SA teens on social sites
How are teens outside the big city handling the dangers of social networking? A new study pinpoints the potential problems.
Porn, predators and online bullies are prevalent even in the semi-rural areas, says a study conducted by Nelson Mandela Metropolitan University researcher Adelina Mbinjama, in 2009. Here are some of her findings.

Ninety black, Xhosa-speaking teenagers between the ages of 12 and 17 from the semi-rural areas of King William’s Town were interviewed. The study revealed that 100% of the teenagers made use of social networking sites such as MXit and only 13.3% were Facebook users.

Sending porn

The study revealed that pornographic images such as photos were sent to some teens via social sites and MXit was often used to distribute those images.

One 13-year-old girl exclaimed, ‘Boys think it is funny to ask us for nude photos but I think it is degrading. We are not porn stars!’

Of the teenagers, 62% experienced their male contacts sending the girls’ photos of their genital areas and requested that the girls return the favour. The teenagers felt that once a male offers to buy them airtime, he requests nude photos from them.

The continuous exploitation of nude photos of celebrities and ‘grandmothers’ (old women) on MXit sends a negative message to female teenagers, suggesting that their value lies in their physical appearance and their acceptance of male sexual advances; and that they will cease to be respected once they have aged. This in turn questions the respect South African black, male youth have for their own culture and how they view women in general. 

The teenagers recognized themselves as being emotionally and sexually desirable individuals; and also revealed their own emotional needs for teenage partnership. Culturally, Xhosa girls should not be in relationships unless the interested male approaches the girl’s family and intends to marry her. On social sites, the youth are able to ignore customs and do as they wish.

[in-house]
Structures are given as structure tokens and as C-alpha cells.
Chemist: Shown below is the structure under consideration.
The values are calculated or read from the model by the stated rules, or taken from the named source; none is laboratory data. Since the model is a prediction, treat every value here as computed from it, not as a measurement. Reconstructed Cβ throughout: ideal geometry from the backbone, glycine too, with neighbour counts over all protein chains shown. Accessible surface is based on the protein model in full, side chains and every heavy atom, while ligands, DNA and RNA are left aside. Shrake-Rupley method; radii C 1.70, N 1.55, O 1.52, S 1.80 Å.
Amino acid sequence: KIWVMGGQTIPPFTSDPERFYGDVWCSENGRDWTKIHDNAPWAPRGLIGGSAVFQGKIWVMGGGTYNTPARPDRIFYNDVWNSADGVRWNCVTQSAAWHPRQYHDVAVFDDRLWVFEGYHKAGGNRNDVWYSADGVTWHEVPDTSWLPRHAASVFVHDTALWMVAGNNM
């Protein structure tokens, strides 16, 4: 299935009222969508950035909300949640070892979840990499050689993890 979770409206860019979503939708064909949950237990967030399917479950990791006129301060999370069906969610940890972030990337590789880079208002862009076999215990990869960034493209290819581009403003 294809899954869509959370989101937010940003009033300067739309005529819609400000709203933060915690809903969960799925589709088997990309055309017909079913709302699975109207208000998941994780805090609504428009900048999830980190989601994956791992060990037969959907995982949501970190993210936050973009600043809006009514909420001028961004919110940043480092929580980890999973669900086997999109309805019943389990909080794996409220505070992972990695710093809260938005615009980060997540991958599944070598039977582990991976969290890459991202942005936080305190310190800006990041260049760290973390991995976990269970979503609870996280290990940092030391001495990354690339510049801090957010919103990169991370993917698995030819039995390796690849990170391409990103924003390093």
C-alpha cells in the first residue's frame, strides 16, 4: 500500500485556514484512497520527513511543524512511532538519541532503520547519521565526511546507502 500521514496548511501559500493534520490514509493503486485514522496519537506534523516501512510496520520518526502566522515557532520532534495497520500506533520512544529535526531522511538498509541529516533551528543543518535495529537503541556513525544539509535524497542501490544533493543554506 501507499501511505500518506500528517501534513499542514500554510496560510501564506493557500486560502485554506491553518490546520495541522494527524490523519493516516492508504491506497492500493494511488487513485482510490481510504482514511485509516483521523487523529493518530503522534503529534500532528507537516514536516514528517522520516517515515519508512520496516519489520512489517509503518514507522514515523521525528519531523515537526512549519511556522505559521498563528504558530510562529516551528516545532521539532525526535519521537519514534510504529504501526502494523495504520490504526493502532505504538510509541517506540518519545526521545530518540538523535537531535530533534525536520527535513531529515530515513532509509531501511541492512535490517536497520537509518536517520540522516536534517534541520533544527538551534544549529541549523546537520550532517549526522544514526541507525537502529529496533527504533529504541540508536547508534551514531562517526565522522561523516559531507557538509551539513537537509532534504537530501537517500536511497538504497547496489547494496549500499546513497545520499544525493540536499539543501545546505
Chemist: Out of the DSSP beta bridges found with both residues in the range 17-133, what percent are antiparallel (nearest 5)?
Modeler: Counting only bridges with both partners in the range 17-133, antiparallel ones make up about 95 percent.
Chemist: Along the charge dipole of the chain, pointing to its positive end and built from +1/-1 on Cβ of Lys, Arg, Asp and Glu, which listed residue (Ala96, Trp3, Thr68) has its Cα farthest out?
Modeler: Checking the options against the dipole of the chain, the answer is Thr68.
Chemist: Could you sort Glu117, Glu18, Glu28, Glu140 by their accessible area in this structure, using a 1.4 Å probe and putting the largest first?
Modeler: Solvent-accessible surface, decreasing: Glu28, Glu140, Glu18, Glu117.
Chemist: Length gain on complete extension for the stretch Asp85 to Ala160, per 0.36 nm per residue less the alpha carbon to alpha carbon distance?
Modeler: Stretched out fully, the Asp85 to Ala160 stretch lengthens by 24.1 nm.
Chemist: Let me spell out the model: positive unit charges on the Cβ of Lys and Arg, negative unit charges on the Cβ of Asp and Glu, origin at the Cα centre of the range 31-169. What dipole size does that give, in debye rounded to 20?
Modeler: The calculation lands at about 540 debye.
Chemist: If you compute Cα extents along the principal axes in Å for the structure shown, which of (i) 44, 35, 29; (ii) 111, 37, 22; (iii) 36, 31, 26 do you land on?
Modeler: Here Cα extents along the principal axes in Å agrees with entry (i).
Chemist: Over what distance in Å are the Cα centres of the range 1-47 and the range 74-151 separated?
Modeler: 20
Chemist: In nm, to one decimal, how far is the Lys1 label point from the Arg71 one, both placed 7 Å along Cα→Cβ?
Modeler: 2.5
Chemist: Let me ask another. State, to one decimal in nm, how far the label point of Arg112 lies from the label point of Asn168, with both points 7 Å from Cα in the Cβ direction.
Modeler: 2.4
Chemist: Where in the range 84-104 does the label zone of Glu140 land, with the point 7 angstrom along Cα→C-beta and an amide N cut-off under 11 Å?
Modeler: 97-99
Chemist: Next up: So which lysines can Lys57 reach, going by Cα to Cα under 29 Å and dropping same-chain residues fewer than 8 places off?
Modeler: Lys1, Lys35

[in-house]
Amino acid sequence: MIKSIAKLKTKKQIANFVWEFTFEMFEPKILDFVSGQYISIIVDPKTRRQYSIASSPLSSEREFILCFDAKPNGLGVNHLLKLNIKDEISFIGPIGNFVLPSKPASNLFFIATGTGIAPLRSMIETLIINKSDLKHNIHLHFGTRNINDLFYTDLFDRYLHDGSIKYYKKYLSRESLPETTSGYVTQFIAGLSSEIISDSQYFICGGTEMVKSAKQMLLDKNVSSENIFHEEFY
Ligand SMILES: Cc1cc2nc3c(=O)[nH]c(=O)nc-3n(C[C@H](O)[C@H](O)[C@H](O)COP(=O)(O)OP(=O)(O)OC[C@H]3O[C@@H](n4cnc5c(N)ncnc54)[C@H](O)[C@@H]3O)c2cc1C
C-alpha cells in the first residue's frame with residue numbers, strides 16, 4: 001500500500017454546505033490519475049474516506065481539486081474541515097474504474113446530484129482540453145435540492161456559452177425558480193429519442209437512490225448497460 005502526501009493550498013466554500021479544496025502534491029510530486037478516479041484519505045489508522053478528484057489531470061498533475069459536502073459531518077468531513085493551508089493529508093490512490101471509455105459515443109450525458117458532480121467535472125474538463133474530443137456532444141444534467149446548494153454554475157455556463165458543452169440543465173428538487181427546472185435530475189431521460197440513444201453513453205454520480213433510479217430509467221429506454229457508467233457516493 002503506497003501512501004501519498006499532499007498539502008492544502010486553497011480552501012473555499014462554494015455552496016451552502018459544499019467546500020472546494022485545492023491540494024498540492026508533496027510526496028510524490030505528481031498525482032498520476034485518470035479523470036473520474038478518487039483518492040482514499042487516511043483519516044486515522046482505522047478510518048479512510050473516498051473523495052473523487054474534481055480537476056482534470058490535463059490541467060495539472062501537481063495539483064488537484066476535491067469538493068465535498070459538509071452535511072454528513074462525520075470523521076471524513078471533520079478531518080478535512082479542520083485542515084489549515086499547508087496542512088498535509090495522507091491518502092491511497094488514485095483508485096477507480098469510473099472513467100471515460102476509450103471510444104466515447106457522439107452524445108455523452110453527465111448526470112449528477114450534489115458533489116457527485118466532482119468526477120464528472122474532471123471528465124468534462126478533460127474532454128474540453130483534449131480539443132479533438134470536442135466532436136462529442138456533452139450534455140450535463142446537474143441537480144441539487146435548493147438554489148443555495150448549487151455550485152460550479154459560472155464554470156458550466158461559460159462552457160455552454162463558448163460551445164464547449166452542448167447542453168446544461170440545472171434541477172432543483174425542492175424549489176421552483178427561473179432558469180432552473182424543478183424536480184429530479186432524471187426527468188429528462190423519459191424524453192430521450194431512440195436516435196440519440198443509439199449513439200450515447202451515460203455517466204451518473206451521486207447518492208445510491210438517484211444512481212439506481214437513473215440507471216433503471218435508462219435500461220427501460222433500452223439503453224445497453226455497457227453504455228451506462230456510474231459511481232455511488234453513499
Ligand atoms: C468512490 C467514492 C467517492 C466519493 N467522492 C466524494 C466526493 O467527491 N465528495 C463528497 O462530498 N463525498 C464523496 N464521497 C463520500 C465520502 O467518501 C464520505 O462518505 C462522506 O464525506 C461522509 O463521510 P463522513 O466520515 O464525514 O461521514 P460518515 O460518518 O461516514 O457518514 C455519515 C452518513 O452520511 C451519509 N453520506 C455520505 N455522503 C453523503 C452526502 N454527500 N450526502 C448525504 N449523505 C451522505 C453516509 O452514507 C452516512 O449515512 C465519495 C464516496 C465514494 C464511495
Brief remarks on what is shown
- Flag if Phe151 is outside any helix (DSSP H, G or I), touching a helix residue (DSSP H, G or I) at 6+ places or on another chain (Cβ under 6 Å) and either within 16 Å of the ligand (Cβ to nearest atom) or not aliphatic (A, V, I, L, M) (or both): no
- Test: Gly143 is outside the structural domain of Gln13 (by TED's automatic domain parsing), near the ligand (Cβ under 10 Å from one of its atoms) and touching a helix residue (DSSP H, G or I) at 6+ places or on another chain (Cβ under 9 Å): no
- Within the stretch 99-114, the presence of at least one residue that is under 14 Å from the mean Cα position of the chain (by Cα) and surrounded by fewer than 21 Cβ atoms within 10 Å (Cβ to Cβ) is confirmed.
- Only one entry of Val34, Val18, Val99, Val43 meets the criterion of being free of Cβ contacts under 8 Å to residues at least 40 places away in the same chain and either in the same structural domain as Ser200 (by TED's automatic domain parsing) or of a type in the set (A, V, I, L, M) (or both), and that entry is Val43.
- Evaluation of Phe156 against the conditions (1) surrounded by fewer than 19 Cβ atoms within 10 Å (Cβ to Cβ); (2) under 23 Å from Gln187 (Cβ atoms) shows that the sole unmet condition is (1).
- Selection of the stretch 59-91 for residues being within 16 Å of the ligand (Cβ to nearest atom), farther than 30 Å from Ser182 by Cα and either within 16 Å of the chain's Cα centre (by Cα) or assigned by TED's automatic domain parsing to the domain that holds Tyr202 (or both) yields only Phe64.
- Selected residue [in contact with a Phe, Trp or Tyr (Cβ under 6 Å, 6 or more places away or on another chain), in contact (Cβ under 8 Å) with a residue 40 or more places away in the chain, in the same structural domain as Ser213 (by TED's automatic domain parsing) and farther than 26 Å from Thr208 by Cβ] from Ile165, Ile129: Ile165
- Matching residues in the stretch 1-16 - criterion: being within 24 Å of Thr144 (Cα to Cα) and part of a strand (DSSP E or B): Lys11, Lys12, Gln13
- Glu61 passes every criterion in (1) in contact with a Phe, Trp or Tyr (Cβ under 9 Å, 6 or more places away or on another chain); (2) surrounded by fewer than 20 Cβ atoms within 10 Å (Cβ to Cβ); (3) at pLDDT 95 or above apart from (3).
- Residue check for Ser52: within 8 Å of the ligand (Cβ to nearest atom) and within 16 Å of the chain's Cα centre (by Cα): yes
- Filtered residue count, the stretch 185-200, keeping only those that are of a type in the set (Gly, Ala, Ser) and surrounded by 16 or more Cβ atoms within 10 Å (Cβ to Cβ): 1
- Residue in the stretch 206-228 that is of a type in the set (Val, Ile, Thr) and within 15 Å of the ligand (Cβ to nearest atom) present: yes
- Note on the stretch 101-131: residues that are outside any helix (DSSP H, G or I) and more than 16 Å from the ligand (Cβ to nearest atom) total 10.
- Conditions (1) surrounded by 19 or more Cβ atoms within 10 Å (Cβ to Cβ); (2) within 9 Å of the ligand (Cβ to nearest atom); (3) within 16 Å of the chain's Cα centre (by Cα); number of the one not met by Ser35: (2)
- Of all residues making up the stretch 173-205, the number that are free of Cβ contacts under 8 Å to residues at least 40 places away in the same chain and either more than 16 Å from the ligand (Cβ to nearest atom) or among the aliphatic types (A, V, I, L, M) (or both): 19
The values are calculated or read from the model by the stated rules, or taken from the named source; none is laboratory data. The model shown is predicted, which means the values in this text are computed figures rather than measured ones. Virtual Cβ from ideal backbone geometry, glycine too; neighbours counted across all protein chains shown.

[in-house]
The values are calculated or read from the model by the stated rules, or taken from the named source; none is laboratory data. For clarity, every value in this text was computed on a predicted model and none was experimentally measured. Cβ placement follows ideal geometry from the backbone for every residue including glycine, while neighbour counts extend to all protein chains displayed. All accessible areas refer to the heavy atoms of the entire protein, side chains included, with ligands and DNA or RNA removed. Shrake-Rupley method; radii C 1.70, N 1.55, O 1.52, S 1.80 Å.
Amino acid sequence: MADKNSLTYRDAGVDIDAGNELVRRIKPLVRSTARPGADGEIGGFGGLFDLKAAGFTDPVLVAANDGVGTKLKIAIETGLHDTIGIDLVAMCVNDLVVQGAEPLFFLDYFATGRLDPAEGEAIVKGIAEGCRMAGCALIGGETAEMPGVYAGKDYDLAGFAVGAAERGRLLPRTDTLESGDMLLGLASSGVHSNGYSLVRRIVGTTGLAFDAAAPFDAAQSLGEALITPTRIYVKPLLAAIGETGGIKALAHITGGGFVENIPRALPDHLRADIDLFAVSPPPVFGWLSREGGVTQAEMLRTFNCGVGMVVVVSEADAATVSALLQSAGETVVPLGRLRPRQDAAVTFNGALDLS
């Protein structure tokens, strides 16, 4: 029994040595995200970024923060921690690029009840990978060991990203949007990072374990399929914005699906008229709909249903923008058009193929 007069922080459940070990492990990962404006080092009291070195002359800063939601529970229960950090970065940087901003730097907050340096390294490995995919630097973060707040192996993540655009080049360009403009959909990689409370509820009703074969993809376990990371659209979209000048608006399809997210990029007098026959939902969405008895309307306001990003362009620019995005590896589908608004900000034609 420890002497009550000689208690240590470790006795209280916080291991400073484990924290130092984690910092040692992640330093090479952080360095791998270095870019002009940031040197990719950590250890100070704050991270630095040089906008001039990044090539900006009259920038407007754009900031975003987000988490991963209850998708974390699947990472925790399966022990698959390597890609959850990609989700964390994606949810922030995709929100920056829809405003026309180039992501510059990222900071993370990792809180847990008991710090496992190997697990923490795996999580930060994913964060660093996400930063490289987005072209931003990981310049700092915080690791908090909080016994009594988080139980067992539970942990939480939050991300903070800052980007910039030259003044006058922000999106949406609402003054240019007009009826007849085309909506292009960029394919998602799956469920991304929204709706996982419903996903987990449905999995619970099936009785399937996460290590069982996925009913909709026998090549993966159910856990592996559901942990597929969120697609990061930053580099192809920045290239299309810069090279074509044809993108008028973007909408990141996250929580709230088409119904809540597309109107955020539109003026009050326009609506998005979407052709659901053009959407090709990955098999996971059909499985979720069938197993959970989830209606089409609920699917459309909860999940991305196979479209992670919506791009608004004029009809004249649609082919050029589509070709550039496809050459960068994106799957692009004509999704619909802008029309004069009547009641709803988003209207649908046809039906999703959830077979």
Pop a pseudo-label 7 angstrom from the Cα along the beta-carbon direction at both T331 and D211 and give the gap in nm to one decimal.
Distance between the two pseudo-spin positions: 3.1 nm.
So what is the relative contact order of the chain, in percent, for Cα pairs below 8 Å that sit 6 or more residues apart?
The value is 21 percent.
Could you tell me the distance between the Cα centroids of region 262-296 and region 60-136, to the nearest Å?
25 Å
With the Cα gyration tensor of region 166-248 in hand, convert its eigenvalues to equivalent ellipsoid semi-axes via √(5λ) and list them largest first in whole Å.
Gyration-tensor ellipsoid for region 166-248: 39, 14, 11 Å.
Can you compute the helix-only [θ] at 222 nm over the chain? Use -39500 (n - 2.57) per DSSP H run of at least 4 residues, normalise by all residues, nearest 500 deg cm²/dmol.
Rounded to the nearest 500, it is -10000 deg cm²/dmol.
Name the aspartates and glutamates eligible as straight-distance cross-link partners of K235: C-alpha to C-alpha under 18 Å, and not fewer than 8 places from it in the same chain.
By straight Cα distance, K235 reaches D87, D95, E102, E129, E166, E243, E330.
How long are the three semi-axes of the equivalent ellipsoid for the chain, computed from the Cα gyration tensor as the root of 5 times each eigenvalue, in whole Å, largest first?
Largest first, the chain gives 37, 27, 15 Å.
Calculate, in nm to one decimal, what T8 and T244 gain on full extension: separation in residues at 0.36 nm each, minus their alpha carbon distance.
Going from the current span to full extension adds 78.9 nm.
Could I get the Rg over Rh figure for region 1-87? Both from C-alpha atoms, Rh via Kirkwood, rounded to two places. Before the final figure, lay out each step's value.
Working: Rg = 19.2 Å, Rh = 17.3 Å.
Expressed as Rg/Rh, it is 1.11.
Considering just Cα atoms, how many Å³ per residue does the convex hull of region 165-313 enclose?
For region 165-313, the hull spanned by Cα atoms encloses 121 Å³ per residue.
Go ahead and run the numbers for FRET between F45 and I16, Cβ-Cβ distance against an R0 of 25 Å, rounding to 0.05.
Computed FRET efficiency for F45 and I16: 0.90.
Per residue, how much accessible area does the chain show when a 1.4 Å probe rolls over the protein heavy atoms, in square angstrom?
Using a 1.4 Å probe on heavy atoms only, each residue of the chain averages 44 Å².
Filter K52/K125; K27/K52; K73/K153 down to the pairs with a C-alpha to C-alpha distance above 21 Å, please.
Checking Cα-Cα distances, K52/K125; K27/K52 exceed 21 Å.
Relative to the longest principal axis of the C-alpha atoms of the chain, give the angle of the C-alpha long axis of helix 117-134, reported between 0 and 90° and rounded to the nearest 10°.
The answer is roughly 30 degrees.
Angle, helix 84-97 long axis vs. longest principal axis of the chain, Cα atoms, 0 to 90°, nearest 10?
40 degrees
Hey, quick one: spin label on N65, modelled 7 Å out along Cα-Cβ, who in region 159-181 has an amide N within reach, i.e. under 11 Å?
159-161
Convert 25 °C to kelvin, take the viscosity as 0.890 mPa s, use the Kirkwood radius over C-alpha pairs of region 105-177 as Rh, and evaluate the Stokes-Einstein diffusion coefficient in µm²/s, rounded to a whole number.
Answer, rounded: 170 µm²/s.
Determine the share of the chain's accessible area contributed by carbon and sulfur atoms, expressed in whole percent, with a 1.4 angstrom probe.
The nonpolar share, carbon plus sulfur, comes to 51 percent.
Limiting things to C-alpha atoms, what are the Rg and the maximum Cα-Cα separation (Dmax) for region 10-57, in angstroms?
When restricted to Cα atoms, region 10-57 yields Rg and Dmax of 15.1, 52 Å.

Fears of social media by Xhosa parents

A discussion arose, relating that parents feel that cell phones are becoming a nuisance as their child’s personality is becoming distorted during and after their interaction with the social network sites. The teenagers revealed that their parents were against social media and are overly suspicious about MXit.

It was also discussed that the teenagers often did not disclose to their parents that they had MXit on their phones. The parents are concerned about the moral implications of using the phone and internet to communicate. The parents from this area have only heard and experienced the negative aspects of social media.
To the parents, such a mode of communication is unhealthy and unspiritual. Therefore, in the parents’ view, social media attacks the African traditional community involvement in semi-rural areas.

Some of the girls admitted to being stalked telephonically, where unknown individuals continuously called them even after they were deleted from their phones; the man would rename himself and persists on harassing the girl on MXit.

The growth of cyber-bullying

Cyber-bullying among teenagers is becoming a tendency on social network sites; many of the teenagers from the research sample have resorted to changing their cell phone numbers and at times renaming themselves to protect their identities online and offline.

The teenagers revealed that girls are using social network sites such as MXit to seek revenge on their rivals. If teenagers are confronted with these messages on a daily basis, it should be questioned how these girls feel about their identities and whether this type of abuse impacts on their real life relationships with people.

It is difficult to secure the safety of teenagers online when poor decisions are being made by teens themselves.  Teenagers are overly concerned with their status and identities and consequently easily overlook their safety. It is their need/desire to be part of the in-group that lures the teenagers into situations that they cannot control.

What’s the best way to keep teens safe on social networks? 


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